A city hall ordinance that closes down gambling houses has been in force for more than a year, and the municipal authorities can already see the results. Lower crime rates are related to the closure of gambling venues in some city districts, according to analysis of an endowment fund for fighting corruption. Local town halls also have more powers in regulating gambling venues now.
Petty thefts, armed robberies and drug dealing are phenomena which are demonstrably related with the operation of gambling machines in Prague gambling houses and casinos. An analysis, which compared crime in different city districts according to their attitude to gambling, was conducted by the “Endowment fund for fighting corruption” and the organization “Our Politicians”, clearly shows this fact. Crime is on the decrease in the districts where gambling venues are being closed down.
For example, Prague 3 is demanding the closure of a variety of gambling venues. Decreasing the number of gaming houses has proved a positive influence on the crime rate, according to the mayor Vladislava Hujova (TOP 09).
“From long-term national police and city police monitoring, we can conclude that closing gambling houses actually decreased the crime,” the mayor says, and she also adds that there are 284 gambling machines in the district.
Alena Maresova, a criminologist from the Czech Police Academy also confirms that there is a connection between gambling and crime. “Crime increases with growing numbers of gambling houses. People who visit gambling houses do not have much money, so that they are obtaining it by other means. Not necessarily by robbery, but for example through various loans,” Maresova explains. The gamblers later try to solve their complicated financial situations with robberies or thefts. Alternatively, they start selling drugs, which seems an easy way to obtain money for their endeavors.
Jaromir Badina, the chief of the Drug Enforcement Agency, also says that some dealers concentrate directly on gaming places, because they can easily sell crystal meth to the gamblers who need to concentrate on gambling. “Closing gambling places helps to fight this type of crime in Prague,” he adds.
According to Prague’s police department, the crime rate has decreased in the last couple of years, but the connection with gambling regulation cannot be easily proved. “Of course we support zero tolerance to gambling, because it decreases the assimilation of problematic people,” adds police spokeswoman Andrea Zoulova.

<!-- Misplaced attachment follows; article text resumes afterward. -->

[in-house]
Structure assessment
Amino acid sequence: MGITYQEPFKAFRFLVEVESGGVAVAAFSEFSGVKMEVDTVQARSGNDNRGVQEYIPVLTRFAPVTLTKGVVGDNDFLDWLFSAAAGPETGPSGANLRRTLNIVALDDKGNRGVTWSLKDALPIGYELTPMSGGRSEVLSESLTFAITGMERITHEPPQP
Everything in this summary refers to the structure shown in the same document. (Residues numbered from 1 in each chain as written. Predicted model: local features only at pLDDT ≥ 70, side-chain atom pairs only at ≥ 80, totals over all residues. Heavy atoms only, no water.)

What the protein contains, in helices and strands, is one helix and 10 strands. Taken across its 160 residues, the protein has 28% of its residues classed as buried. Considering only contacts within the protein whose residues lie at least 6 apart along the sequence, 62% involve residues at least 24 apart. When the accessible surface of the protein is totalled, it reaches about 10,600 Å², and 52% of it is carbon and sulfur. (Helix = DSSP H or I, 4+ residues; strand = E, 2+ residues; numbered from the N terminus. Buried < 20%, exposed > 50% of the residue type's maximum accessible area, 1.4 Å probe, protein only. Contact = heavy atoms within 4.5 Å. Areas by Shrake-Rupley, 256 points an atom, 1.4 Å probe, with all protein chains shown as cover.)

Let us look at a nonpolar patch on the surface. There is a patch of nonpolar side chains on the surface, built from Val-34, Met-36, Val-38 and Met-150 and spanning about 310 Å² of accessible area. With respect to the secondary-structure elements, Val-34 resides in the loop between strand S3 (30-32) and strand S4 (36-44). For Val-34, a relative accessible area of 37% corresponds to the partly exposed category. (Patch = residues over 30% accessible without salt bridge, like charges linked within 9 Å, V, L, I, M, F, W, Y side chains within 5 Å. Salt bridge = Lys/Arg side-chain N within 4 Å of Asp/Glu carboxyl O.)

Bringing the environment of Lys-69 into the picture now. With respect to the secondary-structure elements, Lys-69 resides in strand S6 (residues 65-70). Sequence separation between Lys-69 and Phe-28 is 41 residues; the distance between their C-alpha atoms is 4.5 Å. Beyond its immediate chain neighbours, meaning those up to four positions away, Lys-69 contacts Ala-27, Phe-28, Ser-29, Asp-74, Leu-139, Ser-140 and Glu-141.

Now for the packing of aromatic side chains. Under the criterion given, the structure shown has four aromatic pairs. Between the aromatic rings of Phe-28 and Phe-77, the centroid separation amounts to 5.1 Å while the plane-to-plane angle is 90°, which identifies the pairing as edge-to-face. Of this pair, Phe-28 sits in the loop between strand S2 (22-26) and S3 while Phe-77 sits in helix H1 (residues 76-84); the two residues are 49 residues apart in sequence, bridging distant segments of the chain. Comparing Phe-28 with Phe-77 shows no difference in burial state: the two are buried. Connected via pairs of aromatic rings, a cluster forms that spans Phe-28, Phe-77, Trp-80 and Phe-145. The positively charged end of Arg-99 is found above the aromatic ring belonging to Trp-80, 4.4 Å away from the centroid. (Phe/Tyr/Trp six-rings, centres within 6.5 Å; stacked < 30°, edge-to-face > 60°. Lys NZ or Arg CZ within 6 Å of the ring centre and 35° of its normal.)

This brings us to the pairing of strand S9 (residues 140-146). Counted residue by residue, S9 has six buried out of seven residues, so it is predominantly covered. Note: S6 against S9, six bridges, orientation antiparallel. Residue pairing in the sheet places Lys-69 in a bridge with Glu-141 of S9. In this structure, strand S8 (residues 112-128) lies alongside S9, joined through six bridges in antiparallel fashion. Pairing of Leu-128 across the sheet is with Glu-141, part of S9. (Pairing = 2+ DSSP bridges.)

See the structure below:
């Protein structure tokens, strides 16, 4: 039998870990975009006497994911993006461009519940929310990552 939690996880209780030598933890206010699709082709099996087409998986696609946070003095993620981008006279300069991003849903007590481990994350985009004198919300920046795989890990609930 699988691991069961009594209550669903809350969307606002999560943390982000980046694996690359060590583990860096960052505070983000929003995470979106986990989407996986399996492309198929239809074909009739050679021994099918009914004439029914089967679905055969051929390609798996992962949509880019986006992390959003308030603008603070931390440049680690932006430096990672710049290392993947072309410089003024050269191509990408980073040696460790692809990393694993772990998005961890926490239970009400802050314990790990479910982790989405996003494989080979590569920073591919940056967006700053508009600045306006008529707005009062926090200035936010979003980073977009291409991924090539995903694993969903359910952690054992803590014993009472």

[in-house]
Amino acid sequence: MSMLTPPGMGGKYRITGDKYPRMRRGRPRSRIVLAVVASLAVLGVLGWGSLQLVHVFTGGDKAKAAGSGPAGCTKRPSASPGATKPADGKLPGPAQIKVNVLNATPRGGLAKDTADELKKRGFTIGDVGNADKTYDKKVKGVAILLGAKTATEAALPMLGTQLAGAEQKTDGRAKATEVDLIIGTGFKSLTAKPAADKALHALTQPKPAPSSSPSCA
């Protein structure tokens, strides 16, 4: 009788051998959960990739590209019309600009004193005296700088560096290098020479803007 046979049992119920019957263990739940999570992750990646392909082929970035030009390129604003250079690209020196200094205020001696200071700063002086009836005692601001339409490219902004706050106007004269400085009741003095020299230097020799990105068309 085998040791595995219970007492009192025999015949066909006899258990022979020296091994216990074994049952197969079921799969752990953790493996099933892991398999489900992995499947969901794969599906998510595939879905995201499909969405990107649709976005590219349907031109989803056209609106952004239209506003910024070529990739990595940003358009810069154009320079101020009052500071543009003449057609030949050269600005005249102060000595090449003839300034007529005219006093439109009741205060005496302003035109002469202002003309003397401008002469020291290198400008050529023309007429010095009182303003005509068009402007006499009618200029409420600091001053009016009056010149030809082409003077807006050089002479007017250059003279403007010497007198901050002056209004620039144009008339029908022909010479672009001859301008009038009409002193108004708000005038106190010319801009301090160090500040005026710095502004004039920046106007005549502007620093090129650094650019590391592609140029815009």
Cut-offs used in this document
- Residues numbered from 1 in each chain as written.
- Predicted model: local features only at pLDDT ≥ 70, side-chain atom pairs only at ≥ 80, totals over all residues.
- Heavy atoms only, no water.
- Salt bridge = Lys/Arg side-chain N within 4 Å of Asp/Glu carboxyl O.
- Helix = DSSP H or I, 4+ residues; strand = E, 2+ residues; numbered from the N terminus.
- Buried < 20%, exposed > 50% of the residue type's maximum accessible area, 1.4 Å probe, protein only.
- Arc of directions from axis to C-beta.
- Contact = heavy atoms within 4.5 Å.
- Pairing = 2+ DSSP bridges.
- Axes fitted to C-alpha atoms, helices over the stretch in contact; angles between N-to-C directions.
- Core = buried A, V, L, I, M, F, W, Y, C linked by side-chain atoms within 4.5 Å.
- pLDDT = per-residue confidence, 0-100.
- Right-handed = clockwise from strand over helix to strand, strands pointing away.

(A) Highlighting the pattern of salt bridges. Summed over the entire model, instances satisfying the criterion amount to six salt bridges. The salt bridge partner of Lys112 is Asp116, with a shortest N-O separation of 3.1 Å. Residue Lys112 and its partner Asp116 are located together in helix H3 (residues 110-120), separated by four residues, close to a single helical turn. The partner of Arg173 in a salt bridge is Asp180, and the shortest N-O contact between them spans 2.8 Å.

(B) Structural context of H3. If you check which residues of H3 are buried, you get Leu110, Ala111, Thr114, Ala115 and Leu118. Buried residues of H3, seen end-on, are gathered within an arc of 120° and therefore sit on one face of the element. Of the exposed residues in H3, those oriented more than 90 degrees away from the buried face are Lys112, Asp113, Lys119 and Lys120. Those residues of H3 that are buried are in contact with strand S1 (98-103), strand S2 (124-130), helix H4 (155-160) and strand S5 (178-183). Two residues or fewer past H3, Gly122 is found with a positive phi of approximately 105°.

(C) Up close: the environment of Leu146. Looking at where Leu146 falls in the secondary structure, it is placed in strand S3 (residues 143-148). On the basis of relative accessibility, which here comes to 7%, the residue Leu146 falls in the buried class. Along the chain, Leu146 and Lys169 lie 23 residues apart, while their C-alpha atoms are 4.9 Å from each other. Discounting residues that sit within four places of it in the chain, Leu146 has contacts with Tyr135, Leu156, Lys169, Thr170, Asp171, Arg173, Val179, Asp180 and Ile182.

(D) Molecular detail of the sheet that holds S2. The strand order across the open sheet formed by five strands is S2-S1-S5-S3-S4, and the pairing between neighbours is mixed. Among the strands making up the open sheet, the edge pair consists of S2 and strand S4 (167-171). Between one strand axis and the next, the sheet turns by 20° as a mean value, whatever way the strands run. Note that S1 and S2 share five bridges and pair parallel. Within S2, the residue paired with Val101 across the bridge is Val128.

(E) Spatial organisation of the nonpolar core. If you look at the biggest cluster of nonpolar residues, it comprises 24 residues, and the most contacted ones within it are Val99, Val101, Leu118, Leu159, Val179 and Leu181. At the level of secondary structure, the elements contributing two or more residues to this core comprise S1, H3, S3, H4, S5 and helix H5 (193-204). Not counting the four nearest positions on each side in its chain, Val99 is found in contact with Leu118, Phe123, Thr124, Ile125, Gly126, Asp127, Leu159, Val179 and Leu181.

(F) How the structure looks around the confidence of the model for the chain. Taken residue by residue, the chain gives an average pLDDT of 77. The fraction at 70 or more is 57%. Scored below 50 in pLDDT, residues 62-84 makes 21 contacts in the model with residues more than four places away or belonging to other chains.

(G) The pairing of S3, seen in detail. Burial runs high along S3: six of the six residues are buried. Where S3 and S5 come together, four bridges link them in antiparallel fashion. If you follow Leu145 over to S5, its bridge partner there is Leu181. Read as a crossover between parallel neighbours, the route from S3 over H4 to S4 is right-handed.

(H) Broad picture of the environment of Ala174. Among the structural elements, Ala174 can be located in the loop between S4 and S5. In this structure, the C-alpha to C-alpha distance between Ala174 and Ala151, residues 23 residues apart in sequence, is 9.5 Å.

Prague 2 recently banned gambling, just like Prague 4, 6 and 7, where zero tolerance for gambling applies. The second city district registers only 23 gambling machines currently, and thanks to this, it has become one of the least gambling-tolerant districts, according to the study from the abovementioned Fund. Opposite to this, the largest amount of gambling machines in the whole Czech Republic is located in Prague 1. Authors of the analysis rated Prague 1 as the most gambling-tolerant district.
According to Oldrich Lomecky (TOP 09), the mayor, there is no point in comparing city districts, because there is a higher concentration of tourists in the center, and this naturally increases the demand for gambling. “Total banning of gambling will only bring up the development of illegal gambling houses,” Lomecky explains, saying that the city district gave permission to 21 casinos, that are closely monitored, and also pay taxes.
Towards the end of 2016 there were 5578 legal gambling machines in Prague. Hundreds of others were discovered by police and customs officials in illegal gambling houses, though.
The city hall ordinance, which closed down all gambling houses and left the permits only to casinos, has applied in Prague since 1st January 2016. Operators of gambling houses are still using various appeals and objections, and that prolongs the whole process. Only one-third of 2012 gambling houses really closed down since January.
More power for the customs officials
The new gambling law, which gives more power to the town halls, has also been in force since January. Closing of gambling venues based on city ordinances has not changed; the law is dealing, for example, with illegal gambling, which some operators use as a solution for closing their businesses.
“The customs office has new possibilities and it has been using them fully since January. The number of checks targeting gambling houses, increased significantly in Prague, since the new ordinance came into force,” says Ondrej Zavodsky, the Deputy Minister for Finance. He says that the start of 2018 will be the most important, because the old permits for running gambling houses expire, and new ones are going to be given under more strict conditions.
Customs officials in Prague closed down nine illegal gambling venues and two casinos since the new law came into to force. The officers found 129 gambling machines during these sweeps. At the same time they found 1.3 million Czech crowns in vaults and safes.
Last week there was a sweep of the casino at Vitezne Square in Prague 6, for example. The operator did not have permission from the Ministry of Finance. “He was trying to mask illegal gambling with saying that gambling is a philanthropic social game,” says Ivana Kurkova, spokeswoman of Prague’s customs office. The winnings that the casino visitors gained were charity gifts, according to the casino owner. Of course, the customs officers did not believe his story, and now he is facing a possible penalty up to 50 million Czech crowns and the forfeiture of gambling machines and other equipment.